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Shutdown update: White House open to medical device tax change

Open to change

According to reports, President Obama has ceded that his administration is open to a repeal of the medical device tax following federal budgeting meetings with Republican senators yesterday. Discussion over the medical device tax is part of larger efforts to resume government operations and pass legislation raising the debt limit before the October 17 deadline.

President Obama was quoted saying that the tax is “not part of the core program” of the Affordable Care Act. The President is said to consider the repeal after budget negations have met a resolution. Senator John McCain was quoted saying President Obama “sees progress, but we are a long way from agreement.”

 

IHIvsSPYEnlarge Graph

The change in the Obama Administration’s stance on the repeal is preceded by six months of stark refusal to discuss a repeal. The tax is expected to provide $30 billion of funding for the Affordable Care Act over the next ten years.

Reports say that a repeal is predicated on senators finding a “pay-for” to plug the $30 billion gap in revenue a repeal would create. Lawmakers are reported to be considering cutting tax breaks for big oil and gas companies to make up the revenue.

Medical device stocks still performing well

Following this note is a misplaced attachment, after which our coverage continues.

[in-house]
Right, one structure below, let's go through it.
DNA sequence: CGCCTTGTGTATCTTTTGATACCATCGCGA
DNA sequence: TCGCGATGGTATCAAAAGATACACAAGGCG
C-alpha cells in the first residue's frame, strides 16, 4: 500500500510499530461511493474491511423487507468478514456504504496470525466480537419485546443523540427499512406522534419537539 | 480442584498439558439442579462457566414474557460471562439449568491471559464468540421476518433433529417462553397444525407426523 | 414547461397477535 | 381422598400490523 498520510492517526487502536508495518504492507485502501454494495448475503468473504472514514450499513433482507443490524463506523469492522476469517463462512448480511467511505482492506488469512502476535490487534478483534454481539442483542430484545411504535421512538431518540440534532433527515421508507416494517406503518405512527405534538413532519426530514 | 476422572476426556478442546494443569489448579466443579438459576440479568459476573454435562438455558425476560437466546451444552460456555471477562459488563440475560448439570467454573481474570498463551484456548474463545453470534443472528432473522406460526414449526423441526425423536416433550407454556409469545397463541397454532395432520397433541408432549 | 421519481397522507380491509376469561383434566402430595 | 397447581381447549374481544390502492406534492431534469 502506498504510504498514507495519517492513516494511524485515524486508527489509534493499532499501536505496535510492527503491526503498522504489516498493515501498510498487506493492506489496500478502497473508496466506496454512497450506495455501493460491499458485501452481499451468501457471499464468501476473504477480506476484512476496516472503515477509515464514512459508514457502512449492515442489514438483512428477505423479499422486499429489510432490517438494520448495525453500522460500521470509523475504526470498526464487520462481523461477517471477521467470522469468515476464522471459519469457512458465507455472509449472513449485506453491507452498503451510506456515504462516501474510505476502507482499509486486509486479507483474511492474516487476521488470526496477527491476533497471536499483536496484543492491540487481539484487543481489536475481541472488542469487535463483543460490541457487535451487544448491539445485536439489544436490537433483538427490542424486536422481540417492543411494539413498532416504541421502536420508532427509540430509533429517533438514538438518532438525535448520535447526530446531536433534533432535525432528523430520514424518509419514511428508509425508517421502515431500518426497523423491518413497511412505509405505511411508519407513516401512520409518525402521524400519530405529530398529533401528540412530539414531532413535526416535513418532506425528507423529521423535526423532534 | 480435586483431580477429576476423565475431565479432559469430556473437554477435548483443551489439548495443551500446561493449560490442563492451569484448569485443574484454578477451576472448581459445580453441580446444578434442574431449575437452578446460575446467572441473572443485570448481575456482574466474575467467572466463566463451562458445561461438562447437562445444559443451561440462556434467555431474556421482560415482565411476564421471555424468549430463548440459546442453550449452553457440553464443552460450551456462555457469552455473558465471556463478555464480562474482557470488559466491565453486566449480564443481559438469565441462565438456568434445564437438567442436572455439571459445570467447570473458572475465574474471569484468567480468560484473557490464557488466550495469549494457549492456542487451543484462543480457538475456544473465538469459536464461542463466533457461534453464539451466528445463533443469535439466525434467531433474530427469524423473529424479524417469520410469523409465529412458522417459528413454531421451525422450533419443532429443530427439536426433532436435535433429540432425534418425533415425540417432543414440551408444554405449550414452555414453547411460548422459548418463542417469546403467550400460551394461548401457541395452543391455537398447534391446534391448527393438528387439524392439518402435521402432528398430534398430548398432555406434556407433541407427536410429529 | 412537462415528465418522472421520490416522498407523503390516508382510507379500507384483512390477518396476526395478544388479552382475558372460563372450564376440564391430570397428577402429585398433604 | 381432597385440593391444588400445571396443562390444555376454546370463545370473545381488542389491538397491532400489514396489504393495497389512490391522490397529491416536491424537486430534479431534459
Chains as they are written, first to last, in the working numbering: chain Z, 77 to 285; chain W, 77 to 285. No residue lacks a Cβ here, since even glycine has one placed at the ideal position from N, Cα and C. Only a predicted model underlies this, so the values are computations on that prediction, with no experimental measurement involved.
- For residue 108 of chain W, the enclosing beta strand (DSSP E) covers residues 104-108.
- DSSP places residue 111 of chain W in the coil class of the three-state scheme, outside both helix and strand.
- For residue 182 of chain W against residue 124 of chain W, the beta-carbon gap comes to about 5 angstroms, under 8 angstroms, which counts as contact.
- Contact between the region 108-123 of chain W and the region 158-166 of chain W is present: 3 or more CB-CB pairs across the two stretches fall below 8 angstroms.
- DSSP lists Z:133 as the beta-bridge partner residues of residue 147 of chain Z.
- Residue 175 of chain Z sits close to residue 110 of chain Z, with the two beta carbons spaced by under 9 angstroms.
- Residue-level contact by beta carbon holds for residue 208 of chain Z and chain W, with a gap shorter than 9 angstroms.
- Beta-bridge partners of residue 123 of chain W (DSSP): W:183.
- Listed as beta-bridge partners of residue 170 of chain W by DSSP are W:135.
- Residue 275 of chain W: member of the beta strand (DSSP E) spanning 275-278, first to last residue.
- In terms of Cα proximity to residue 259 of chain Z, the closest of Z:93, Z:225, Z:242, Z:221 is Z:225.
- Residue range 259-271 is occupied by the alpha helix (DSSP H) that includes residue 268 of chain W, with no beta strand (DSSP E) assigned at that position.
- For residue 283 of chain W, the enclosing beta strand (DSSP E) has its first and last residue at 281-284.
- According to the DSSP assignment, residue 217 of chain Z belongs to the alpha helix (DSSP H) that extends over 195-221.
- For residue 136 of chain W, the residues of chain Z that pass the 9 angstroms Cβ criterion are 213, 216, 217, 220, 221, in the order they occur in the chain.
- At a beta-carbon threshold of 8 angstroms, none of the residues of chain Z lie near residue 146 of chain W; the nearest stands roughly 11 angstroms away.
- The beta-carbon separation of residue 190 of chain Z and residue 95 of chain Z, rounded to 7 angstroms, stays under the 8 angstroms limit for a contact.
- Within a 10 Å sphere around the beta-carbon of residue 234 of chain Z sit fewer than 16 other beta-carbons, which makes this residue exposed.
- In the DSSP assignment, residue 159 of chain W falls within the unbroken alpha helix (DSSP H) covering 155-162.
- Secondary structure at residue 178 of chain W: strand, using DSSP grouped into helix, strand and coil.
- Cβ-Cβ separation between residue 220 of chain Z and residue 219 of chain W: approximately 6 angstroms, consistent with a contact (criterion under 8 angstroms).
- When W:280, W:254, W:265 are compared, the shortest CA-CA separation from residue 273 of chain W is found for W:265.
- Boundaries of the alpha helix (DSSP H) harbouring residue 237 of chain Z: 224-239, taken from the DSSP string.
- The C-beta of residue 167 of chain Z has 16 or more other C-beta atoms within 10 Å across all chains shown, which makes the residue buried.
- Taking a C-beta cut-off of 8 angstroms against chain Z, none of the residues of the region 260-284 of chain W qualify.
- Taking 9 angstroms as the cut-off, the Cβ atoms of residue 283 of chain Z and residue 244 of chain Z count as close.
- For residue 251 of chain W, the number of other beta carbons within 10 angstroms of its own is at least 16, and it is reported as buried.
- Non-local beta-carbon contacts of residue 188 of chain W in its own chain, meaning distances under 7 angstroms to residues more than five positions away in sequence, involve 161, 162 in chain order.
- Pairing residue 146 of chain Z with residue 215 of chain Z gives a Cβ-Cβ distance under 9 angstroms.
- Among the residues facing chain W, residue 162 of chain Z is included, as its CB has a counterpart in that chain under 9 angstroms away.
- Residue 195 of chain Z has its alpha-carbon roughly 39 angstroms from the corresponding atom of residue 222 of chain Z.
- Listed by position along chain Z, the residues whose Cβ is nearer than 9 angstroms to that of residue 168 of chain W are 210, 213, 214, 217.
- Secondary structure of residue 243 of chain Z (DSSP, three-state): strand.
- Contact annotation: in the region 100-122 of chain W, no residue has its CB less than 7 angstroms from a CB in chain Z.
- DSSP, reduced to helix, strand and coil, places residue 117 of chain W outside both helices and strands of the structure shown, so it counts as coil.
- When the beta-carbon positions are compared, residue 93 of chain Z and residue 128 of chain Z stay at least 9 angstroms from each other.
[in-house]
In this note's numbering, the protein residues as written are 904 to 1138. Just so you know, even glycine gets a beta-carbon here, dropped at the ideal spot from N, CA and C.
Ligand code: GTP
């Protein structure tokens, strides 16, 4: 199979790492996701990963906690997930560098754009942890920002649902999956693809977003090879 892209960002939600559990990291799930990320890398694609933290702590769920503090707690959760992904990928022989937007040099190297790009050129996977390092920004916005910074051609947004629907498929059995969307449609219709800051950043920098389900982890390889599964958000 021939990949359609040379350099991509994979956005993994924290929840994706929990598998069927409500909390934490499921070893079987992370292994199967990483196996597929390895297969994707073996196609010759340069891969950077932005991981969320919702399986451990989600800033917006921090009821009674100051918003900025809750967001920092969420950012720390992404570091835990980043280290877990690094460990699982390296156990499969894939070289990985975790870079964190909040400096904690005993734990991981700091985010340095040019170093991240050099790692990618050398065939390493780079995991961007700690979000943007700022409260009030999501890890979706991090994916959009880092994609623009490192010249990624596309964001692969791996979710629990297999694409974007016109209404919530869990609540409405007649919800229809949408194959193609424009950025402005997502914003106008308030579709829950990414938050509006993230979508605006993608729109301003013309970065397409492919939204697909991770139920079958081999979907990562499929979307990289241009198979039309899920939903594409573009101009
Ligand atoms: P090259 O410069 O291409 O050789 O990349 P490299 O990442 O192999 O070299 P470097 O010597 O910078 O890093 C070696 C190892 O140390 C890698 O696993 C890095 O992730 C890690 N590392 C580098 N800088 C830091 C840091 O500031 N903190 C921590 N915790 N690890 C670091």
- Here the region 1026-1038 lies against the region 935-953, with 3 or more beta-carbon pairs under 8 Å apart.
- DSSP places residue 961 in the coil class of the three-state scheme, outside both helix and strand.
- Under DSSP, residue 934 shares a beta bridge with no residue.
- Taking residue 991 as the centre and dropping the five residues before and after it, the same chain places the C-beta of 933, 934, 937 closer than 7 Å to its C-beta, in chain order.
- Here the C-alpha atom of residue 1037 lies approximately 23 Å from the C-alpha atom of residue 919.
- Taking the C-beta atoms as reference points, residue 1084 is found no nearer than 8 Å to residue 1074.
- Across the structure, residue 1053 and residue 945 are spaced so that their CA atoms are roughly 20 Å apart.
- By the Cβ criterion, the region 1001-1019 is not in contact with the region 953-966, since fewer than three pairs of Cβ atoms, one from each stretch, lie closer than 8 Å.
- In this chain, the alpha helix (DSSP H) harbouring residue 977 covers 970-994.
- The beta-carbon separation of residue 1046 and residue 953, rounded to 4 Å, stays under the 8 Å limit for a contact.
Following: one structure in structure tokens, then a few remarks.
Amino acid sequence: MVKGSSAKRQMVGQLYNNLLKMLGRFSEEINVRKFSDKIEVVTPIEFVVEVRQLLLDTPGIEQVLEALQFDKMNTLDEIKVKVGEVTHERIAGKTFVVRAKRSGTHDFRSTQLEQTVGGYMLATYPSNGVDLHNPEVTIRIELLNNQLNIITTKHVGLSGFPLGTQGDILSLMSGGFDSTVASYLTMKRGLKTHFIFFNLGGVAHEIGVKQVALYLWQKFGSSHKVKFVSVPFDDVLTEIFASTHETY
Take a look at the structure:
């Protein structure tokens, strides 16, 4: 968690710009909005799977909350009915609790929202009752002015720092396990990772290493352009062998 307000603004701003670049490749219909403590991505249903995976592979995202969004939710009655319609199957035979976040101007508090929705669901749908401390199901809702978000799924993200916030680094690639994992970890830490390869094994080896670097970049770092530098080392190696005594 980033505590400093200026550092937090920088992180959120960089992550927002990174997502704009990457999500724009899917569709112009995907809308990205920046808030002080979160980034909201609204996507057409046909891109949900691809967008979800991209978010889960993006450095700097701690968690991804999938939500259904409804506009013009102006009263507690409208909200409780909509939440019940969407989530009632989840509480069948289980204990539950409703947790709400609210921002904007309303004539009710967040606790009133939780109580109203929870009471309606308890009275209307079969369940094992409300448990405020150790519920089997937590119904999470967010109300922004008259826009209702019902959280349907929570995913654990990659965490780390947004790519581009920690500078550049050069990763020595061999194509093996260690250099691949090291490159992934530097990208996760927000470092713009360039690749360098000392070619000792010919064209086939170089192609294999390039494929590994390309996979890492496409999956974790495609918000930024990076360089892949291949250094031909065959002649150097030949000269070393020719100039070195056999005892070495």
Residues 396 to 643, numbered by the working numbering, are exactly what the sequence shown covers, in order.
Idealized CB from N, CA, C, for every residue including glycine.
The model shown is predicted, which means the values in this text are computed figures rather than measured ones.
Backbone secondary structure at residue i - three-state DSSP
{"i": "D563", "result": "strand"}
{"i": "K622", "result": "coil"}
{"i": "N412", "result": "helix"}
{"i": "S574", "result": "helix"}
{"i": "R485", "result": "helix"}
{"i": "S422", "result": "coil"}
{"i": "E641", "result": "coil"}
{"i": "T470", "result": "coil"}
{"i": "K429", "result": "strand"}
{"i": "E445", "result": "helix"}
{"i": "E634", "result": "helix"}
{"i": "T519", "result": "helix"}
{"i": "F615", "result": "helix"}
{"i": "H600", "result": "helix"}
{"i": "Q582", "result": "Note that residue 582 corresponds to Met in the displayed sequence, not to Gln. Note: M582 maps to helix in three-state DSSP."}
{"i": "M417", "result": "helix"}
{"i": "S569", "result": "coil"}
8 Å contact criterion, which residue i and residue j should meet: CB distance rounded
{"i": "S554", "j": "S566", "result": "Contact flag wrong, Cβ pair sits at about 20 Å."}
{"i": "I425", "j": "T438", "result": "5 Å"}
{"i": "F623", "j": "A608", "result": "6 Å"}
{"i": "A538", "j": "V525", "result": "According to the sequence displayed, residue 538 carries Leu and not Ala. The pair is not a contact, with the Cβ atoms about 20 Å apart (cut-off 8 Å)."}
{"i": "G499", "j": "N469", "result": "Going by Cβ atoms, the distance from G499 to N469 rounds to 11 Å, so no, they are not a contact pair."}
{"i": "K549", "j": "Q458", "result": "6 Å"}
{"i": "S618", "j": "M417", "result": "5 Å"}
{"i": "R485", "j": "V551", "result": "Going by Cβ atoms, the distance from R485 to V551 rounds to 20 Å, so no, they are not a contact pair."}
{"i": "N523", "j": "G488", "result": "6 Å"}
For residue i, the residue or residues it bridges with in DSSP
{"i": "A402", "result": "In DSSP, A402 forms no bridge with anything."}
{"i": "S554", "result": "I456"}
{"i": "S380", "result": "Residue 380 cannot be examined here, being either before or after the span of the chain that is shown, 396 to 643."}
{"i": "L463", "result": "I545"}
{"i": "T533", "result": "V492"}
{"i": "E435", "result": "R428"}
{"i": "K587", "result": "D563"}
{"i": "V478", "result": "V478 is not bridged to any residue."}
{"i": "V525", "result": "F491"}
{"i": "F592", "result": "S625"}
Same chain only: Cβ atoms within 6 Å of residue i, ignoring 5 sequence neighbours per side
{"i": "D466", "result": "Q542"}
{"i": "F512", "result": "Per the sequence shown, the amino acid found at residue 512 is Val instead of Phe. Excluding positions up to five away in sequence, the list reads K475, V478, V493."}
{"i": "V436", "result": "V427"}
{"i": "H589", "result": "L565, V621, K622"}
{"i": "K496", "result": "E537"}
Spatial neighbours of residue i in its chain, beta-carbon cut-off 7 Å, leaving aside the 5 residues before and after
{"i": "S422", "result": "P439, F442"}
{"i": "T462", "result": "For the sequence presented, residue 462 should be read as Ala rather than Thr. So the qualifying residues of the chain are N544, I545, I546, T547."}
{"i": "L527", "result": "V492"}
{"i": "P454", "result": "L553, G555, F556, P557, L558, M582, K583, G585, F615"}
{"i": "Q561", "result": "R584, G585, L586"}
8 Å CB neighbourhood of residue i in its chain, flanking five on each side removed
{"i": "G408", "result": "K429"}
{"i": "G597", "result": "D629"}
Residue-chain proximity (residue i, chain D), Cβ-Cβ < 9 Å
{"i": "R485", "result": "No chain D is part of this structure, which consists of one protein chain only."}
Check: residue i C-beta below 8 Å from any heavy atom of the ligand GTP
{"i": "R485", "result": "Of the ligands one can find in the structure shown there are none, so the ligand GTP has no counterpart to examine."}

Since the medical device tax went into effect at the start of 2013, the iShares Medical Device ETF (IHI) is up 26% year-to-date, while the S&P 500 is up 19%. The ETF has continually performed better than the S&P 500 since the implementation of Obamacare (since March 23, 2010, up 48.6% versus 45.9%). Medtronic (MDT) represents the largest share of IHI, at 10%.

AngioDynamics (ANGO), which has been struggling of late, beat its Q1 results and raised its earnings and sales guidance Friday. Its stock went up more than 3% on the day. The trend shows an industry slowly weathering the effect of the tax, even ahead of an insuree influx expected by the end of this year.

The result shows a strong industry with an emerging market that has performed well enough to offset the effect of the tax over the entire industry. A repeal could spell wonders for the industry, accordingly.

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